Lock-in Literature: Ali el-Makk’s ‘Forty-One Minarets’

This lock-in Monday, as part of our ongoing series of stay-at-home literature, a short story by award-winning Sudanese writer Ali el-Makk:

By Ali el-Makk

Translated by Adil Babikir

Masjid Al-Nilin, Omdurman. Photo credit: Nick Hobgood

The hospital reeked of two distinct odors: the smell of sewage and the smell of death. You may not be familiar with the latter, but he could recognize it as it hovered over his mother’s head. It had been his understanding that death, true to its deceptive nature, would attack only in the dark of night, but that proved wrong as his mother died around midday.

Standing helplessly beside her bed, he wished he could lend her a heart, a kidney, an eye, or part of his soul — any organ that would help her survive.

In the morning, he felt a gnawing pain. Well, it was not a pain in the true sense of the word, but rather a subtle anxiety.

“What if my mother died today?”

“Everyone is destined to die one day,” he tried to console himself. This was the typical statement he would make to console others.  But when it was his mother, no words of consolation did him any good.

It was winter, a season he feared to death — perhaps because of the cold, dark nights  —  or perhaps because his father had died suddenly during the same season. He kept the telephone close to his head while he slept, expecting a call at night from the hospital and a wailing voice screaming in his ears: “She died! She’s gone!” But why should she die? Wasn’t this the best and cleanest hospital? Wasn’t it the best-equipped facility, staffed with British nurses? But could an English nurse prevent death, or at least delay it?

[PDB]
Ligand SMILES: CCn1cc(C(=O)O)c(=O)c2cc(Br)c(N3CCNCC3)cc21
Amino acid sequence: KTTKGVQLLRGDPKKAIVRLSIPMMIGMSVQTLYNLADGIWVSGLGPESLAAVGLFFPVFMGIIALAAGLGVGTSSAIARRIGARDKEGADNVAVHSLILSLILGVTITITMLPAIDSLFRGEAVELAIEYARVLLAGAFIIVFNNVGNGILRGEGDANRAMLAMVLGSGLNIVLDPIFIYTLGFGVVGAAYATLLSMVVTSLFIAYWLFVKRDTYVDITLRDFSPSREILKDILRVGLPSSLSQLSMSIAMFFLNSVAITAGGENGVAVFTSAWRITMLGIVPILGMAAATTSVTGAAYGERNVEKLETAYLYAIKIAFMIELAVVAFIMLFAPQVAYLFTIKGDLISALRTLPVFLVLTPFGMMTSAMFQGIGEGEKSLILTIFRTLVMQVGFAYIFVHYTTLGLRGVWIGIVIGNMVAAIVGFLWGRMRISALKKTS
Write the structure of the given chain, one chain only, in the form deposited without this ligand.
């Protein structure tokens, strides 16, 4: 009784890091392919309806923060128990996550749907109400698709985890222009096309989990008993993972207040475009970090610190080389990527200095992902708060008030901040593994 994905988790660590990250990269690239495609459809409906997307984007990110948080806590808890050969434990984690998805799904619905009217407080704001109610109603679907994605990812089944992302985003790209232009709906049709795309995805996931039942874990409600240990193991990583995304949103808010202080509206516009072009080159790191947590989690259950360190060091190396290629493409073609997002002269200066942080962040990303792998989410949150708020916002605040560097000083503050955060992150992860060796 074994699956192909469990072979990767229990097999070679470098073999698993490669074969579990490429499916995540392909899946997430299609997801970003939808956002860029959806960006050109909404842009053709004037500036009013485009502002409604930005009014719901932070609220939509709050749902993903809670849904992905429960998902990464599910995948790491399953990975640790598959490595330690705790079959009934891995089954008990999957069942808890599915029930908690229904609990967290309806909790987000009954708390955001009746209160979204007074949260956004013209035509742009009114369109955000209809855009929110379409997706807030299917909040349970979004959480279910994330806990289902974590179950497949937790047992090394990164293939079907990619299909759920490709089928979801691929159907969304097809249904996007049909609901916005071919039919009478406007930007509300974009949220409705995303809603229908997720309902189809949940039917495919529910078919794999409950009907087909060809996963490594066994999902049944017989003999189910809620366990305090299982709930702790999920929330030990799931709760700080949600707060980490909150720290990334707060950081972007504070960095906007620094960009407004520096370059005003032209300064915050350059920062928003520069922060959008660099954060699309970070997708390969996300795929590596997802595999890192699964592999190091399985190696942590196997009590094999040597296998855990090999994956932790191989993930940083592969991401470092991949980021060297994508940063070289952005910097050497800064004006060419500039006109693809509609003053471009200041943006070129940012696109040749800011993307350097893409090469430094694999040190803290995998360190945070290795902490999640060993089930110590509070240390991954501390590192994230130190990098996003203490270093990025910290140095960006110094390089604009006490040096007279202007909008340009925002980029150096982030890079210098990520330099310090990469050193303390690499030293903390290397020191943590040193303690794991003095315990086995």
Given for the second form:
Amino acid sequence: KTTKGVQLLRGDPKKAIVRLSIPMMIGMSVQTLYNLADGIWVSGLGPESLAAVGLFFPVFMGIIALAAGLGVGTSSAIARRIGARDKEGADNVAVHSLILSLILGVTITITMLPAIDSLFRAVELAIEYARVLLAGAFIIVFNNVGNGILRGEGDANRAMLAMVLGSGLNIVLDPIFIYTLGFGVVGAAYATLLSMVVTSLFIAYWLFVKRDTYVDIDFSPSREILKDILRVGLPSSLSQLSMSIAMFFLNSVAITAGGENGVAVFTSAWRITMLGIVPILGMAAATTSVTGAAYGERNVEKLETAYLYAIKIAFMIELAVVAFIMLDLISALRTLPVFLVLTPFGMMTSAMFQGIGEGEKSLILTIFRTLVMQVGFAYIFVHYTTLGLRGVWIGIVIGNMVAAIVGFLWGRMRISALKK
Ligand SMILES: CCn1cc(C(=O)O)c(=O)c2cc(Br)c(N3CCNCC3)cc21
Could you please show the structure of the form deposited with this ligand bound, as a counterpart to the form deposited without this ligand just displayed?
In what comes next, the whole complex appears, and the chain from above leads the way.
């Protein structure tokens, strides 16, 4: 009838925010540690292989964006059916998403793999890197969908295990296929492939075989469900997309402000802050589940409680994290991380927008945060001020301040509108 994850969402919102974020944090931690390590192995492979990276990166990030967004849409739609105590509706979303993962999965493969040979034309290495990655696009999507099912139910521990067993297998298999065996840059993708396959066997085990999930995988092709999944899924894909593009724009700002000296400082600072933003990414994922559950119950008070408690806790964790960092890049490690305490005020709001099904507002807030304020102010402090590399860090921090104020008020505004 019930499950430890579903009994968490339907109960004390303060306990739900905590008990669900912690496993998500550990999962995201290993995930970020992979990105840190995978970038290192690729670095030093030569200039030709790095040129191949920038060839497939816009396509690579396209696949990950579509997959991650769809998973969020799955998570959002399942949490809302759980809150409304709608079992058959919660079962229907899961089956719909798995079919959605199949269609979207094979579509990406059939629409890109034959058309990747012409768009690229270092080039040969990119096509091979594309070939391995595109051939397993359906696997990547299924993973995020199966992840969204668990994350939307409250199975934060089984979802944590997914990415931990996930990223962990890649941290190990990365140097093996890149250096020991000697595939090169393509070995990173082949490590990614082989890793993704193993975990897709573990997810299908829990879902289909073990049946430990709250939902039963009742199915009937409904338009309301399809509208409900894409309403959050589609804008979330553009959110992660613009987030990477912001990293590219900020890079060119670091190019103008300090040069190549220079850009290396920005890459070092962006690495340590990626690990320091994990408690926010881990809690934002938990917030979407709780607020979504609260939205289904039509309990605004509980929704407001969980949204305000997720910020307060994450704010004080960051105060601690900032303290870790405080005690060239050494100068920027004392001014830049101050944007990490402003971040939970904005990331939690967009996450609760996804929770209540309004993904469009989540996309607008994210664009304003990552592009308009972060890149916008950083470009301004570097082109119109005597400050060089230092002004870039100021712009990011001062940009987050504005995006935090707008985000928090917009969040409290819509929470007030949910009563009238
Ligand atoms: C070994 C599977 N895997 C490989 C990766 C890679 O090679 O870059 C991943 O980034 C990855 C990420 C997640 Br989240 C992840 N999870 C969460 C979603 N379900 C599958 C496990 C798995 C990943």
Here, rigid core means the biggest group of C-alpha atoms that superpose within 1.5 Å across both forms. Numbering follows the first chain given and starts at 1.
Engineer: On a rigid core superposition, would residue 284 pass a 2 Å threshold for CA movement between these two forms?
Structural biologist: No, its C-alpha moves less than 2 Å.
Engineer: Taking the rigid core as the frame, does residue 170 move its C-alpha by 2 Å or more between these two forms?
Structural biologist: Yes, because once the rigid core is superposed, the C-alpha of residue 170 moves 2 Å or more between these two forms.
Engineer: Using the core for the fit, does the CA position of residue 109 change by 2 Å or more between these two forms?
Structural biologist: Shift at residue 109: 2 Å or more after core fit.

“How is she today, Sister Alice?”

Sister Alice had a lifeless face. “We’re doing everything we can.” What was that supposed to mean? He turned his eyes towards his mother. He loved her face and her color. Neither black nor white, she had instead a Sudanese color. Although she never went to school herself, she wanted her son to get the best education, so he’d become a doctor fixing fractures and curing illnesses. But that was not destined to happen, because he simply did not share that dream.

Here he was, standing beside her bed. She was wrapped in a white sheet. Could anyone reach this level of weakness? “We need a miracle, Mr. …,” said Sister Alice. “Dr. Hussain has done everything within his power, but…”

But what? She was breathing heavily. Her Sudanese body was swollen, and her back was full of bedsores. Her eyes were closed, and she had not uttered a word for seven days now.

“Is this what you call a coma, Sister Alice?” he anxiously asked. Were he a doctor, he would have known and would not have had to ask. He would’ve been at a totally different level. A luxurious car, a house, a family, money — without much effort.

“But why should I marry and have children? Is it one of my responsibilities to protect mankind from extinction?” he said to himself.

A cold wind was blowing in through the northern door. He had a fit of coughing and, for some reason that was beyond him, he felt he was about to throw up.

“Go out. We don’t want anyone here.” The guard came in, preceded by his commanding tone. But why? he asked silently. “These are the instructions of the hospital administrator. I will lose my job if he finds you here.” It sounded logical and convincing. The earth could barely accommodate more jobless.

The guard’s firm orders seemed to have fallen on deaf ears. No one moved an inch. Was it an act of defiance? Was it because they believed a few piasters would make the guard look the other way? If he was allowing people to enter the hospital outside visiting times in consideration of a small amount of money, then he could just as well let them stay for the same reason.

The guard went out of the room, his threatening voice echoing through the other rooms. “Get out! The administrator is coming any moment now.” The echo died down in his ears gradually, until it was driven away by memories of his mother.